2.24.14 Not Me



Have you ever wanted to try something, do something, wear something or go somewhere that was outside of your, usual choices? You may have liked it, really wanted it even, but somehow you knew you just couldn’t possibly because it, “wasn’t you.” I can’t tell you the amount of times this very thought used to hold me back. I couldn’t wear my hair that light or my nails that dark. I never ate Mexican because it was too spicy and I dressed in clothing as preppy as a schoolteacher could be. Until … now there is a great word.

I’ll say it again, until! Until I grew up enough to realize that I could grow beyond, whatever limits I had set on myself. George Eliot once said, “It’s never to late to be what you might have been.” Now that is an amazing quote, in and of itself, but I think it is more amazing when you realize that George Eliot is actually the pen name of a woman named, Mary Anne Evans. One of the leading writers of the British Victorian era! She had very conservative beginnings where many people (including her) never expected she would accomplish what she was able to. And she’s not all!

Julia Child didn’t even learn to cook until she moved to Paris for her husband’s job when she was in her forties. Ray Kroc, founder of McDonald’s was still only a milk-shake salesman at fifty-two. Most of Benjamin Franklin’s impressive inventions were in his mid to late forties. Henry Ford didn’t create the first car assembly line until he was sixty. Vera Wang started as an ice skater, moved on to writing and editing for Vogue Magazine but didn’t really make it big, until she began designing wedding dresses at forty. Finally, Amy Pohler and Tina Fey, both SNL comedians, didn’t hit the peak of their comedic careers until between their thirties and forties! How many times do you think these great people told themselves, “I can’t do this, it’s just not me,” in their lives? How often did they doubt what they were capable of as their youth passed them by? We need to realize that time past doesn’t mean opportunity missed.

The point is, that finding personal success is hard enough without us hiding behind veiled excuses of comments like, “It’s just not me,” or “I could never do something like that.” It’s like the people who say they can’t change because it’s, “just the way they are.” Let me tell you something–you are who you decide to be. You are a choice waiting to be made and a grand decision waiting to be told. You are as exciting, compelling and important as you want to become, but you need to make a conscious effort to let yourself get there.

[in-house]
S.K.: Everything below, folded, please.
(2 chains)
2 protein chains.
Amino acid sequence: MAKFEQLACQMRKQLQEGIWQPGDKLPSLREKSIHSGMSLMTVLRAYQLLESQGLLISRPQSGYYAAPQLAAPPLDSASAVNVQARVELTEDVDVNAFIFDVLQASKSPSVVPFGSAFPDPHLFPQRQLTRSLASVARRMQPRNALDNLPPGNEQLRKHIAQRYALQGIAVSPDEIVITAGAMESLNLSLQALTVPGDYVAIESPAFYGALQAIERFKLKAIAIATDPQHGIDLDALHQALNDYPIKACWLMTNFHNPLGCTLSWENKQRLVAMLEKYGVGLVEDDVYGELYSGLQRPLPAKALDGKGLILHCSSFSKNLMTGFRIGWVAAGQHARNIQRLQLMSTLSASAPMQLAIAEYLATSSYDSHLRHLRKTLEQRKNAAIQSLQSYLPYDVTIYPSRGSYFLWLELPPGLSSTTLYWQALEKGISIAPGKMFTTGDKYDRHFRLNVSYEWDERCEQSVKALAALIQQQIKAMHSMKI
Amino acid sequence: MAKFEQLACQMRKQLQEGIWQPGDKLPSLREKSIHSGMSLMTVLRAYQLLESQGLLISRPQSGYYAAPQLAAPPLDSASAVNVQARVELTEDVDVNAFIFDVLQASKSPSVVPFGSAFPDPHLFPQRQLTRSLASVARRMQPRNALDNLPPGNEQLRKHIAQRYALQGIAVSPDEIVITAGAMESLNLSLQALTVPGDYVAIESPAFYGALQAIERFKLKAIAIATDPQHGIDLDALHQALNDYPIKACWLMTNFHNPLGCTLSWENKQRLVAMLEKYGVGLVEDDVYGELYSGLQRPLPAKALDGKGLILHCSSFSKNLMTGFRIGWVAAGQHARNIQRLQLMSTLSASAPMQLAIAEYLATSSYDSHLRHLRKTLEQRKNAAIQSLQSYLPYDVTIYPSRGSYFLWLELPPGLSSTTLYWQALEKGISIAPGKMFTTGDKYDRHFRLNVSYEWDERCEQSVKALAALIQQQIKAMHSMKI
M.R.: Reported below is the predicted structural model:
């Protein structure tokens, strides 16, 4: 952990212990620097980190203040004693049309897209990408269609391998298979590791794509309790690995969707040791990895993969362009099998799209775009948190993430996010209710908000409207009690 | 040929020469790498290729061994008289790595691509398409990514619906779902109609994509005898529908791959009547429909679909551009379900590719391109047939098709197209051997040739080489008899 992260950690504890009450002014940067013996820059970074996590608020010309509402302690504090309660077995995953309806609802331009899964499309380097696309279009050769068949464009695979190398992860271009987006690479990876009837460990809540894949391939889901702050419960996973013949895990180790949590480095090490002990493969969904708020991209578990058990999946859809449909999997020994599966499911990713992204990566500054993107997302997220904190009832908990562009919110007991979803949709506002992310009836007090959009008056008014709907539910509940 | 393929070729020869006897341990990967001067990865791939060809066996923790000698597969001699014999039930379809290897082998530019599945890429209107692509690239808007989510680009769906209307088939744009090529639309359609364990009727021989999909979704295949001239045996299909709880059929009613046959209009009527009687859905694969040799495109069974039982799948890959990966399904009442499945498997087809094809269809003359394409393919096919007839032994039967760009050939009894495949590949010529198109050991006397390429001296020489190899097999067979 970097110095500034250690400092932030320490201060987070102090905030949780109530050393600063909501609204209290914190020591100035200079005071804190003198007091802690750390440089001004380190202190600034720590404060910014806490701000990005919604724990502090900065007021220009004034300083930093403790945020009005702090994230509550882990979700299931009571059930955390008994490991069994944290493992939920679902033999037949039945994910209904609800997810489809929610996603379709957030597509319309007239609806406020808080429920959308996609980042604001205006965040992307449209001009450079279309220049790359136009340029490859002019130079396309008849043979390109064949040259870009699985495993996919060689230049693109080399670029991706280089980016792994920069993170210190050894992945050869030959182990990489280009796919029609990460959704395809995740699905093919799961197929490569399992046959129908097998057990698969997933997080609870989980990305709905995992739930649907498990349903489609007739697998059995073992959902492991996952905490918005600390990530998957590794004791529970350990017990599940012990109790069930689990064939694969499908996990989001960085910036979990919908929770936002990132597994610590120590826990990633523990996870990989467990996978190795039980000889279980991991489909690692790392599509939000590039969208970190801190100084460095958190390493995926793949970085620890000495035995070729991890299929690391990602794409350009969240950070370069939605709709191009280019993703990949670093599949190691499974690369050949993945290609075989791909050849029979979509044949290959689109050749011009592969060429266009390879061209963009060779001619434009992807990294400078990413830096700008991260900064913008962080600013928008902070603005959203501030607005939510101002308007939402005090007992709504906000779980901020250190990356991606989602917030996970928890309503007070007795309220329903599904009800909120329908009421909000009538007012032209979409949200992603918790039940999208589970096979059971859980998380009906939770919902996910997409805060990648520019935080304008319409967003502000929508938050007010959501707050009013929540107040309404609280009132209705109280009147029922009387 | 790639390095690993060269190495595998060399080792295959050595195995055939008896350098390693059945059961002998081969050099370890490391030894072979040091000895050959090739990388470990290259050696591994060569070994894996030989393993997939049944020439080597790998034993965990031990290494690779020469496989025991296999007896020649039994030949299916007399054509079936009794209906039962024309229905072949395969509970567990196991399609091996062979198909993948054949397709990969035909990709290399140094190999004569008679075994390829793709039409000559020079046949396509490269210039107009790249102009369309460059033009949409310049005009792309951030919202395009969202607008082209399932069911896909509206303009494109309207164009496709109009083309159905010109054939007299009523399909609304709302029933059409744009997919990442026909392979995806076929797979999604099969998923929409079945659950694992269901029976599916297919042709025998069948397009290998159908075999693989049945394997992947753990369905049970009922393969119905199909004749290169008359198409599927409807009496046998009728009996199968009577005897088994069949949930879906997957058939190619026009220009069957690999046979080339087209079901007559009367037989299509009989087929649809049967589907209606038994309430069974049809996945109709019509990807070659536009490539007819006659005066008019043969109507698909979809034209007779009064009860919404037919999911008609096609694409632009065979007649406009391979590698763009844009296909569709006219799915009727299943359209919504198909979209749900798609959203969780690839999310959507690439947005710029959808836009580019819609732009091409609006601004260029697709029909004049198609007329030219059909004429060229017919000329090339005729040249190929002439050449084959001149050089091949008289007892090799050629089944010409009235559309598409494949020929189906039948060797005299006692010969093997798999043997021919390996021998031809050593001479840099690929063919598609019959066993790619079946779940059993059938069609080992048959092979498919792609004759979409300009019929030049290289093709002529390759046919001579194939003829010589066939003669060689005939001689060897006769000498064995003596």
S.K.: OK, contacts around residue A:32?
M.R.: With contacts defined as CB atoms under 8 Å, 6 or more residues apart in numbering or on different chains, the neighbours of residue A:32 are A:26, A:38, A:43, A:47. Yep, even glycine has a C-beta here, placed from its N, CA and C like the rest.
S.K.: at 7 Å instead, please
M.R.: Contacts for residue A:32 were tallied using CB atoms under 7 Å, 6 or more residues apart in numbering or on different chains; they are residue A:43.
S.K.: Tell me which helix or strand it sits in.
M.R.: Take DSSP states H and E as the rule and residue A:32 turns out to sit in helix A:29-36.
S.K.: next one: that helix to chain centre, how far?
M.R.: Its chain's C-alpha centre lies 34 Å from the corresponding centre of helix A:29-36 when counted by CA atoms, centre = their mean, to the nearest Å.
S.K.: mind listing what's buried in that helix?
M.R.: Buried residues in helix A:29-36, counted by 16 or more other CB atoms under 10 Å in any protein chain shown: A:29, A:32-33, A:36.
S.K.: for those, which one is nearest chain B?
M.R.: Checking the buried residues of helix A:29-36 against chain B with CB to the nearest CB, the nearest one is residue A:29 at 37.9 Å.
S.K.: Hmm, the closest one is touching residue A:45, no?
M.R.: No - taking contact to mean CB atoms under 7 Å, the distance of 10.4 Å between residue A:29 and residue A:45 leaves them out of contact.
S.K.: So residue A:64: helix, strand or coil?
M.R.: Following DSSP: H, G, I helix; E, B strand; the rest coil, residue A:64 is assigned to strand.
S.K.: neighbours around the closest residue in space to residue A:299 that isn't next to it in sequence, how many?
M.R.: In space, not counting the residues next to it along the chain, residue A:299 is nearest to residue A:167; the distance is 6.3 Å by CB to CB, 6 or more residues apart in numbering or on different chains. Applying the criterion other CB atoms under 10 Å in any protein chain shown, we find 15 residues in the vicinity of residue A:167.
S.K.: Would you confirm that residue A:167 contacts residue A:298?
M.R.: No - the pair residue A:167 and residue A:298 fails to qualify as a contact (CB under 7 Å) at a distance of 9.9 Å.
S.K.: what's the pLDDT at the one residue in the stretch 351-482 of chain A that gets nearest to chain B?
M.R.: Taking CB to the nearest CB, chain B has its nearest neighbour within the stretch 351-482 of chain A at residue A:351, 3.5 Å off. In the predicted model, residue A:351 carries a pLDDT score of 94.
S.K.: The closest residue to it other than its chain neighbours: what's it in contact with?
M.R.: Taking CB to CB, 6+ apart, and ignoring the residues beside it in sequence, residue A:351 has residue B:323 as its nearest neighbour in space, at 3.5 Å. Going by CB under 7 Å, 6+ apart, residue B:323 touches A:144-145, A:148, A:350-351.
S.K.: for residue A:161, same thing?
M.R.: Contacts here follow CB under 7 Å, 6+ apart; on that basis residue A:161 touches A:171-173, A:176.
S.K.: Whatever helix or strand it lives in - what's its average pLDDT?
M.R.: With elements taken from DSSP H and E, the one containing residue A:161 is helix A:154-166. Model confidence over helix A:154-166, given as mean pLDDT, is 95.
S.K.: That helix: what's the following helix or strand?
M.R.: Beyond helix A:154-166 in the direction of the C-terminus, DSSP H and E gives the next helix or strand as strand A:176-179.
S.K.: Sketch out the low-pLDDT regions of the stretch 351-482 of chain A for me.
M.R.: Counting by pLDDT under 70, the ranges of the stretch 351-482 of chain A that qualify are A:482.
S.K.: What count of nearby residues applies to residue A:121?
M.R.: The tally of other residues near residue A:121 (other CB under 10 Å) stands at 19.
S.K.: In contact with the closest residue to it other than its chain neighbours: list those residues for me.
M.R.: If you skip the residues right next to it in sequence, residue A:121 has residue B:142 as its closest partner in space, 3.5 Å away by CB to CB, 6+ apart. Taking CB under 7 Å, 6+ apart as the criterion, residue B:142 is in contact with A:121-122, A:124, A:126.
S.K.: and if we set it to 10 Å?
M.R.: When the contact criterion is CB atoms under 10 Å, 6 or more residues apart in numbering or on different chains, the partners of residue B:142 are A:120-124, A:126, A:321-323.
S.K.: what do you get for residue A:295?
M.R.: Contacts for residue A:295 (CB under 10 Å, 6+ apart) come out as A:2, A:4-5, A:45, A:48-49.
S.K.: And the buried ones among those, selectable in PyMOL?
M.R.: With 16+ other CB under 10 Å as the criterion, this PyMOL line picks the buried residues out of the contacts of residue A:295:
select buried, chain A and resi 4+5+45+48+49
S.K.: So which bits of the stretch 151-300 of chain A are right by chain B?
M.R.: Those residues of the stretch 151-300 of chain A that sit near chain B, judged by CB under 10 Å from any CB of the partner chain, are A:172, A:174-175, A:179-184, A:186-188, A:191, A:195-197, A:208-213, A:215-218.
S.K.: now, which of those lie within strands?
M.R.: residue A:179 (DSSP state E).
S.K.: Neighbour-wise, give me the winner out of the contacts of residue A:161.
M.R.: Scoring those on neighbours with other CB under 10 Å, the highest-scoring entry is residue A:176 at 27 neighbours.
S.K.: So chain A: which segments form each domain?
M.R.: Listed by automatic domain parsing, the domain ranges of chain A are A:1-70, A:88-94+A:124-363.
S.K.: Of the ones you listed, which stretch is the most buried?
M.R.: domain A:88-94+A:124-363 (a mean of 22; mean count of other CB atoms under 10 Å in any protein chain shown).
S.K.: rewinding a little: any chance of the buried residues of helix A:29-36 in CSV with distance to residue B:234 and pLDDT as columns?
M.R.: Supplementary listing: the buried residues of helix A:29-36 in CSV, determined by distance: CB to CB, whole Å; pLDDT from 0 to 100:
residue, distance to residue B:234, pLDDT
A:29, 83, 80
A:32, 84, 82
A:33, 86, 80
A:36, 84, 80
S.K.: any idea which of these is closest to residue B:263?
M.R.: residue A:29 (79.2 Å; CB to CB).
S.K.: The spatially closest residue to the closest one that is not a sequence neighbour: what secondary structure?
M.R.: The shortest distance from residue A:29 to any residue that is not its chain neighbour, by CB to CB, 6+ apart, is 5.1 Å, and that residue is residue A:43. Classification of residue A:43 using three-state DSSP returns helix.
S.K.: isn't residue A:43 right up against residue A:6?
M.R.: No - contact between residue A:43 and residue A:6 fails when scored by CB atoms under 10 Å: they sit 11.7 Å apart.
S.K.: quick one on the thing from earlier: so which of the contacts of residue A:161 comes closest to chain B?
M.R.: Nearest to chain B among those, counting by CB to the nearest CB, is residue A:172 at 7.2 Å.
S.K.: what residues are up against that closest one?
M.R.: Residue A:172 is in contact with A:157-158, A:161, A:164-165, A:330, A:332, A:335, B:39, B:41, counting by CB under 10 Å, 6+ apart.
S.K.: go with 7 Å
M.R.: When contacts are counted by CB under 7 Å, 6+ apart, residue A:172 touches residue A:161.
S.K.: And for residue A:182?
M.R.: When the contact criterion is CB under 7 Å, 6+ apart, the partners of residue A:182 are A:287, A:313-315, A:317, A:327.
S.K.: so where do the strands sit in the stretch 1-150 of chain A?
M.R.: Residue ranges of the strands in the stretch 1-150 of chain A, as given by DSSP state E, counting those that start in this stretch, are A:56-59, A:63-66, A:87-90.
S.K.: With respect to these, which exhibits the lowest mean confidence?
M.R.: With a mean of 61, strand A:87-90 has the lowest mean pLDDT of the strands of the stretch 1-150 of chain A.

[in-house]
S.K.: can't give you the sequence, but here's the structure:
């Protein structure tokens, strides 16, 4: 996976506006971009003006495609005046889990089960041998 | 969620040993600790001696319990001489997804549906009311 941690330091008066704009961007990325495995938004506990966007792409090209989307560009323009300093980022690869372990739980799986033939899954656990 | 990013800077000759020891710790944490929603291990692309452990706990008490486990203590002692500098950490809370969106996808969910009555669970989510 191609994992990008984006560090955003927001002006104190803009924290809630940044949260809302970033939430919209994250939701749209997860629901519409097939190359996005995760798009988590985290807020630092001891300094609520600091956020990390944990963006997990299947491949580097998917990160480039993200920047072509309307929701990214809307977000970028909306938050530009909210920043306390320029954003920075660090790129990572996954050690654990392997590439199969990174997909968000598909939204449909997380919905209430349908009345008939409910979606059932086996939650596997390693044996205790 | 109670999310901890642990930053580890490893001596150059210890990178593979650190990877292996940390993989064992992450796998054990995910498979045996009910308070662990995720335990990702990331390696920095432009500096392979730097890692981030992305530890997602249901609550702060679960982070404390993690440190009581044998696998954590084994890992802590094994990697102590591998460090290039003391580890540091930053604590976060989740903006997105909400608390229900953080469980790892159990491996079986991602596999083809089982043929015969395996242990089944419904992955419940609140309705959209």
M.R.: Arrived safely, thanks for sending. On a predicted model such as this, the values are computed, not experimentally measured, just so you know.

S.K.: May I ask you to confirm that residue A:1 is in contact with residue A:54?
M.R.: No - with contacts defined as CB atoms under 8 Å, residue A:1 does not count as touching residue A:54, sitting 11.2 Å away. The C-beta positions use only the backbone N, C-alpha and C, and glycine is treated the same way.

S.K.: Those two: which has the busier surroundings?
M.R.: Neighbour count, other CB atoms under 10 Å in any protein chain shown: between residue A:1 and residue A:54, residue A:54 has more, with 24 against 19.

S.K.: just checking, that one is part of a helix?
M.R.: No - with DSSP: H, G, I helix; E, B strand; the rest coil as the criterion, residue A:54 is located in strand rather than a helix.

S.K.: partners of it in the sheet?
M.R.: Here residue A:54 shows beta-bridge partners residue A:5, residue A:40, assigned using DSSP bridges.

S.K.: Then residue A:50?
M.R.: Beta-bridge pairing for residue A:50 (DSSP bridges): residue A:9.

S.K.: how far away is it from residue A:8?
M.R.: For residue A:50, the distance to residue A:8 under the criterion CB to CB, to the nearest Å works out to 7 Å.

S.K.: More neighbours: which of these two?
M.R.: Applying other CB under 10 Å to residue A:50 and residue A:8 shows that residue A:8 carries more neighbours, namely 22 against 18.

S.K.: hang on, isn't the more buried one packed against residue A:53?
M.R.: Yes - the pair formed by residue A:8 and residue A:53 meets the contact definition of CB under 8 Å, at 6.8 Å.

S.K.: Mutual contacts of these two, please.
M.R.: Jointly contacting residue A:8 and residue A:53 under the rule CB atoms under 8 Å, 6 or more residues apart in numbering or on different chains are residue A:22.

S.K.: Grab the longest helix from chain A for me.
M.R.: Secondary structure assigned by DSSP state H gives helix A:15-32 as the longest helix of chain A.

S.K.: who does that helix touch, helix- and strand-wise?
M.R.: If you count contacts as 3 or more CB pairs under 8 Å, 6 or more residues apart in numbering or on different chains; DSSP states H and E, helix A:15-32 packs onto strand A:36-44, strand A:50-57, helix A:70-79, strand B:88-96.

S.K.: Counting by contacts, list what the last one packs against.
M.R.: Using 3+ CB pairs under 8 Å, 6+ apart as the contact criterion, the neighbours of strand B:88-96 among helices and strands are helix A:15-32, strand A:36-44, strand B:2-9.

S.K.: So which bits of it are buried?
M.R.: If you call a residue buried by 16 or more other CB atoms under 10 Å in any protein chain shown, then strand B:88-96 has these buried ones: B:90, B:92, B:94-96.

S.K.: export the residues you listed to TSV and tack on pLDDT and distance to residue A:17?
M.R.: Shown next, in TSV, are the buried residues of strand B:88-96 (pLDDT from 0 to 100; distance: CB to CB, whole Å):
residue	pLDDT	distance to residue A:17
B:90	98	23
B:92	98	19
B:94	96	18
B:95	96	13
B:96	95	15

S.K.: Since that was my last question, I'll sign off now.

So, my hair is lighter, my nail polish is darker. I have a tattoo (of a Bible verse, no worries) and dress somewhere between high heels and converse depending on my mood. Thanks to my husband I love Mexican food and thanks to facing my fears I am here, writing–to you. My own audience. Who’d have thought? Certainly not me, and yet, here I am.

What about you? Who have you been waiting to become, and what are you waiting for? Byron Katie brilliantly said, “You are the one you’ve been waiting for.” There is no one better qualified to give yourself permission to be who you want to be than you. So do it already. Rewrite your definition, buy that outfit, take that trip, go for that job. It’s you if you wear it, taste it, try it or want it. So stop being shy and introduce yourself to the one and only version of you you’ve been waiting a lifetime to meet; remember–there is no such thing as too late.

Literarily yours,


3 thoughts on “2.24.14 Not Me

  1. Dearest Elle,
    I love reading your thoughts and absolutely adore how you communicate them to us fans and friends. I want to sincerely thank you and look so forward to reading more from you!

  2. So well stated, Elle, I think we need to bottle your gift of encouragement and sprinkle it on this confused and troubled world.

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